Skip to main content

Joe Redmayne

Joe Redmayne

Joe Redmayne is a second year History PhD student and interested in global labour history. In collaboration with Tyne and Wear Archives, his doctoral research situates County Durham during the year 1919 transnationally, and explores the global implications of Empire on British society through regional working-class consciousness.

Project title

Militancy and Whiteness amongst the Working People of County Durham, 1919: A Multi-Occupational Approach.

Supervisors

  • Dr. Matt Perry (Newcastle University)

  • Dr. Willow Berridge (Newcastle University)

  • Dr. Sarah Hellawell (University of Sunderland)

  • Rachel Gill (Tyne and Wear Archives)

Joe Redmayne

Project description

The study situates County Durham during the year 1919 transnationally, exploring the global implications of Empire on British society through regional working-class consciousness. The year 1919 witnessed an unprecedented amount of industrial militancy and racial violence both globally and nationally. On 4 February 1919, a race riot targeting Arab seafarers took place in South Shields. During the same year similar riots occurred in Liverpool, Cardiff, Hull, Glasgow, London, Newport, Salford, and Barry.

Using County Durham as the scale of analysis permits consideration of wider debates regarding the ‘popularity’ or ‘absent-mindedness’ of Empire within British Society and the relationship between industrial militancy and racial violence. Furthermore, the category of ‘whiteness’ or ‘white labourism’ offers the potential to renew understandings of class consciousness in an age of world empires and to explore the exclusions of ‘others’ (women and non-white workers) in moulding class identities.

The thesis resists the temptation to assume homogeneity within County Durham’s working class(es), attending to its occupational diversity: miners, railway workers, engineers, patternmakers, boiler makers, dockers, shipbuilders, domestic servants, retail, warehouse, glass, and transport workers. Equally, it does not exclusively look for fracture, but rather explores the complexity of class identities and cross-occupational solidarities within the working class experience.  By using Mikhail Bakhtin’s concept of thought and language as a social heteroglossia or ‘dialogue’, it will consider the extent to which working people managed to overcome the fissures in skill, occupation, gender, religion, nationality, white/black ethnicity and generation to produce a sense of class-consciousness in the region.

Qualifications

2019-Present: PhD, Newcastle University.  Thesis title: “Militancy and Whiteness amongst the Working People of County Durham, 1919: A Multi-Occupational Approach.”

2017-18: M.A. with Distinction, History, Newcastle University.  Thesis title: “The Post-War Labour Unrest 1919-1921: The Consolidation of Socialism and the transition from Syndicalism to Communism within the Durham Coalfield.”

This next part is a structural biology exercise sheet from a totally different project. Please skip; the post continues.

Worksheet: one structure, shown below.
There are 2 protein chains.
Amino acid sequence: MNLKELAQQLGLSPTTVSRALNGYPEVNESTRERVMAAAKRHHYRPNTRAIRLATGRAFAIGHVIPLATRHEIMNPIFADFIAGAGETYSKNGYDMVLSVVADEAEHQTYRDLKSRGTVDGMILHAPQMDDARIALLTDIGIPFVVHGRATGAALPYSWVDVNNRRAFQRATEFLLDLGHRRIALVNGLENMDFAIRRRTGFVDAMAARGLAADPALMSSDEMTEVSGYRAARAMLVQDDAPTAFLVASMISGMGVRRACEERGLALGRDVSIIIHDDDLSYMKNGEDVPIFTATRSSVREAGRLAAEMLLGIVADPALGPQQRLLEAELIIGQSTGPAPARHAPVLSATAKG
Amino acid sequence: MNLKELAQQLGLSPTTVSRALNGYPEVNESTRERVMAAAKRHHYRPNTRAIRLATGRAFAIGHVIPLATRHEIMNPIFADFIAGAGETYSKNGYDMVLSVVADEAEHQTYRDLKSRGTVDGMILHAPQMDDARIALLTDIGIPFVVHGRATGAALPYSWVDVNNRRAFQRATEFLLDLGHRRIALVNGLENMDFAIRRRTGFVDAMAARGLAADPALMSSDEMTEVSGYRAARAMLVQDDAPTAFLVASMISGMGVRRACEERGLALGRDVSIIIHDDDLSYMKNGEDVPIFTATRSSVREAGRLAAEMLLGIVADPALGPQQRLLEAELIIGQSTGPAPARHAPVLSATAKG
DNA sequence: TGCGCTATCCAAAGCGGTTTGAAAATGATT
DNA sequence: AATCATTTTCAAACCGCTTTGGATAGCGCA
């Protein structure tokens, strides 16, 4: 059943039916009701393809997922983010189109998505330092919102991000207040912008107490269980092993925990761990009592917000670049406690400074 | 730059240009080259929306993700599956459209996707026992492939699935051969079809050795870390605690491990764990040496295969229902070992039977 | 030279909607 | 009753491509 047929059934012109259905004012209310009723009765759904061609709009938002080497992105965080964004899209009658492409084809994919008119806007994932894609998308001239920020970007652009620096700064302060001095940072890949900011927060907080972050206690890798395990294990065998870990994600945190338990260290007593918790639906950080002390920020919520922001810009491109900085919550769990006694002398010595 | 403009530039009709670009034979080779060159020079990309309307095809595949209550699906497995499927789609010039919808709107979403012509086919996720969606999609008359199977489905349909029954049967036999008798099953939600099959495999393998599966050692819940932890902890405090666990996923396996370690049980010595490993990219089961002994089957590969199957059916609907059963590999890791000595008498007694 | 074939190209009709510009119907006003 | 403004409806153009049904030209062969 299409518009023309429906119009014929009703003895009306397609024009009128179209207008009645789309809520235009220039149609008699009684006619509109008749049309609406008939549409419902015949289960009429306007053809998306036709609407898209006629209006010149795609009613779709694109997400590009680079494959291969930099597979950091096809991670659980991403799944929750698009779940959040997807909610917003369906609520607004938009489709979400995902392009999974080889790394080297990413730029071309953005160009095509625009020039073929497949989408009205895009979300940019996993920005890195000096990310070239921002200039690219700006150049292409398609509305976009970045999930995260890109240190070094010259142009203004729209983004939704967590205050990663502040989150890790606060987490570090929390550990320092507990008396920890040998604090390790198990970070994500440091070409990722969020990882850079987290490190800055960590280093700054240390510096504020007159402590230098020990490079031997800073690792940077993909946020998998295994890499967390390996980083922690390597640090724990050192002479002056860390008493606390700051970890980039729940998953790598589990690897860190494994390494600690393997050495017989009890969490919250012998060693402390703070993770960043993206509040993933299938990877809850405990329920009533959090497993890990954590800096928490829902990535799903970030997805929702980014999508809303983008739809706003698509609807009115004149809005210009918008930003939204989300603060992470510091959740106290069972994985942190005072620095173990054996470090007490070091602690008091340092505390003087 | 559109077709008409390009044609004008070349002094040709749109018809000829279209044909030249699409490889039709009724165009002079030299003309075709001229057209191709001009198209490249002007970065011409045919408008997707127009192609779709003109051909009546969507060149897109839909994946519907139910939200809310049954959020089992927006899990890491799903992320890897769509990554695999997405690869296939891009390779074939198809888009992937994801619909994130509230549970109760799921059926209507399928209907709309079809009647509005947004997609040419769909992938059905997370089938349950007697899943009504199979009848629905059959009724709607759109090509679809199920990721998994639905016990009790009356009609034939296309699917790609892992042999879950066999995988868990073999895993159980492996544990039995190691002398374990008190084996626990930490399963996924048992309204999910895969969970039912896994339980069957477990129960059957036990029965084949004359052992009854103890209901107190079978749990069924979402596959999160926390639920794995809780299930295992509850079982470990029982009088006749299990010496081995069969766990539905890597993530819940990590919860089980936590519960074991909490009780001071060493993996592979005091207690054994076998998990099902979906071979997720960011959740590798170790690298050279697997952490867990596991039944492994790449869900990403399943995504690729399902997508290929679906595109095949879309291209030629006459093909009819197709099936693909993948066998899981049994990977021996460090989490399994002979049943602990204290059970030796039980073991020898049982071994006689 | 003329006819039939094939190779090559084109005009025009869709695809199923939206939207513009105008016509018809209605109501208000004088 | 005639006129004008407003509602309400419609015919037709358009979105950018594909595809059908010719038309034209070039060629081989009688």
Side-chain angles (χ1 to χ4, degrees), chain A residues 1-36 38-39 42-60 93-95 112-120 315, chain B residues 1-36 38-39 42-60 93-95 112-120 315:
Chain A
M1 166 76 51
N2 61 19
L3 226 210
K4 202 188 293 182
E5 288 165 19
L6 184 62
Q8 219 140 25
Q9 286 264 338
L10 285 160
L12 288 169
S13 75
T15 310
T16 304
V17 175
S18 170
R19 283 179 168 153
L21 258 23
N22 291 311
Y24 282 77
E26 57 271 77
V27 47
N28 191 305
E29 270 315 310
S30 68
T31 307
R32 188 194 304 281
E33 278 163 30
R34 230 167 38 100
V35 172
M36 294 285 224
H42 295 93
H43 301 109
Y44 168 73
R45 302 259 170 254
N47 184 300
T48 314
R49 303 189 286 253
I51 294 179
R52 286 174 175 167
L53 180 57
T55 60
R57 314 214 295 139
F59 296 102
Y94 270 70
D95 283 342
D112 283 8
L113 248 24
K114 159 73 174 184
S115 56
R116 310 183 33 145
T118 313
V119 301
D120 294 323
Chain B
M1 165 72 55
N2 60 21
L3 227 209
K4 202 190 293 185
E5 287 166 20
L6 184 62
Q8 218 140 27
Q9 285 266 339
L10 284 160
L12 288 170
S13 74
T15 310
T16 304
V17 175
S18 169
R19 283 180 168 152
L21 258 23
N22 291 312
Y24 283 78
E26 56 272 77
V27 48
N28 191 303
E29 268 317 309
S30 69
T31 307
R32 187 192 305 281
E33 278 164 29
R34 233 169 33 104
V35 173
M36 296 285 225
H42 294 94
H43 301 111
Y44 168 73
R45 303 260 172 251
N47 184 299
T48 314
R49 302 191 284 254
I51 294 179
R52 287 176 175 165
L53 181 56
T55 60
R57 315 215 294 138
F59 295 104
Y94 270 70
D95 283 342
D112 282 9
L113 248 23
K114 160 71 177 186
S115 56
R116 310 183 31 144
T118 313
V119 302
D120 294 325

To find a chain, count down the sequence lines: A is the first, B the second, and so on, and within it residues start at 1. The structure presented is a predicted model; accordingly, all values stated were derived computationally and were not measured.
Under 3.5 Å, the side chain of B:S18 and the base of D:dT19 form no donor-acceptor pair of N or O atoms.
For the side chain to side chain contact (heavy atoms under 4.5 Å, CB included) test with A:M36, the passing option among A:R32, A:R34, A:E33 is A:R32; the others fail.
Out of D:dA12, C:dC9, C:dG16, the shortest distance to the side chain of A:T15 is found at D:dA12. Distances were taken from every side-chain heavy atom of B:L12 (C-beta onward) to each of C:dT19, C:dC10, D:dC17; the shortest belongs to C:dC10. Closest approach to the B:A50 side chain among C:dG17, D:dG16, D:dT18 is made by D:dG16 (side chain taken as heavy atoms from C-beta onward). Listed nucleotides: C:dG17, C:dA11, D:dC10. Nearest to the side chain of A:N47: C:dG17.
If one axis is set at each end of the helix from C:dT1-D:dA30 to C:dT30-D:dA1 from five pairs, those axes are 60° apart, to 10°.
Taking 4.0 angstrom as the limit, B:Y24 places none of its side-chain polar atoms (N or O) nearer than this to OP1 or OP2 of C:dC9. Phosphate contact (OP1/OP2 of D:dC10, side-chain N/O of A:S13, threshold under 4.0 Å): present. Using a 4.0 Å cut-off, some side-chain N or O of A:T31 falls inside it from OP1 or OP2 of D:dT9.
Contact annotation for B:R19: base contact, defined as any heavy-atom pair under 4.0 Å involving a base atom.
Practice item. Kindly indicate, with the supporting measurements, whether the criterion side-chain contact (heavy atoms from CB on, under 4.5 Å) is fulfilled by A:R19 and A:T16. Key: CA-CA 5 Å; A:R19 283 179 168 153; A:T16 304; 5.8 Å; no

2014-17: First class, B.A. (Hons), History, University of Sunderland.  Thesis title: “The Great Labour Unrest 1910-1914: The Rise of Socialism and Degeneration of Liberalism in the Durham Coalfield.”

Awards

2019: AHRC Northern Bridge Consortium Studentship Award.  A fully funded doctoral studentship for 3.5 years including a maintenance award at the UK Research Councils' national rate (currently £15,009 per annum). This award is in collaboration with Tyne and Wear Archives and Museums where I will undertake a 6-month placement.

2017: Ede and Ravenscroft Prize.  I was awarded the Ede and Ravenscroft Prize and £125 for my high standard achievements and commitment on the BA (Hons) History programme at the University of Sunderland.

Previous Roles

Conferences

“The Global Challenge of Peace: 1919 as a Contested Threshold to a New World Order.”  I chaired the “Colonial and Race” Panel, Newcastle University, 18 May 2019.

Papers

  • “NETWoRC Virtual Lunchtime Seminar Series, Spring 2021.”  The paper (20 minutes) “The British maritime industry, 1914–19: split labour market theory, white labourism and colonial seafarers,” was presented to the North East Transnational and World Research Centre (NETWoRC), Northumbria University, 17 February 2021.

  • “Rebellion, revolution and resistance in the twentieth century: Social movements, class and political violence.”  The paper (15 minutes) “Introduction to my thesis: Militancy and Whiteness,” was presented to the Labour and Society Research Group Workshop, Newcastle University, 4 October 2019.

  • “Global perspectives’: New and emerging work in nineteenth-century studies.”  The paper (15 minutes) “Introduction to my thesis: Militancy and Whiteness,” was presented to The Centre for Nineteenth-Century Studies Postgraduate Conference, College of St Hilda and St Bede, Durham University, 5 July 2019.

  • “NELHS First Tuesday Seminar Series.” The paper (45 minutes) “The Post-War Labour Unrest 1919-1921” was presented to the North East Labour History Society (NELHS) in Newcastle, 2 April 2019.

Workshops

“Virtual Workshop: New Approaches to the Contentious Politics of Class.”  Colleague Katherine Waugh and I organised and hosted the workshop, 28–29 May 2021.

Work Experience

  • 2019-Present: Part time, LSRG’s Social Theory Reading Group Assistant at Newcastle University, Newcastle.
  • 2019-20: Part time, Postgraduate Forum Seminar Series Co-ordinator at Newcastle University, Newcastle.
  • 2018-19: Part time volunteer, Researcher and Assistant Teacher at the Workers Education Association (WEA): NE History and Heritage Branch, Newcastle.

Professional Membership & Associations

  • Newcastle Labour and Society Research Group (LSRG), member
  • Newcastle Postcolonial Research Group (NPRG), member
  • North East Labour History Society (NELHS), member
  • Royal Historical Society (RHS), early Career Membership award
  • Society for the Study of Labour History (SSLH), member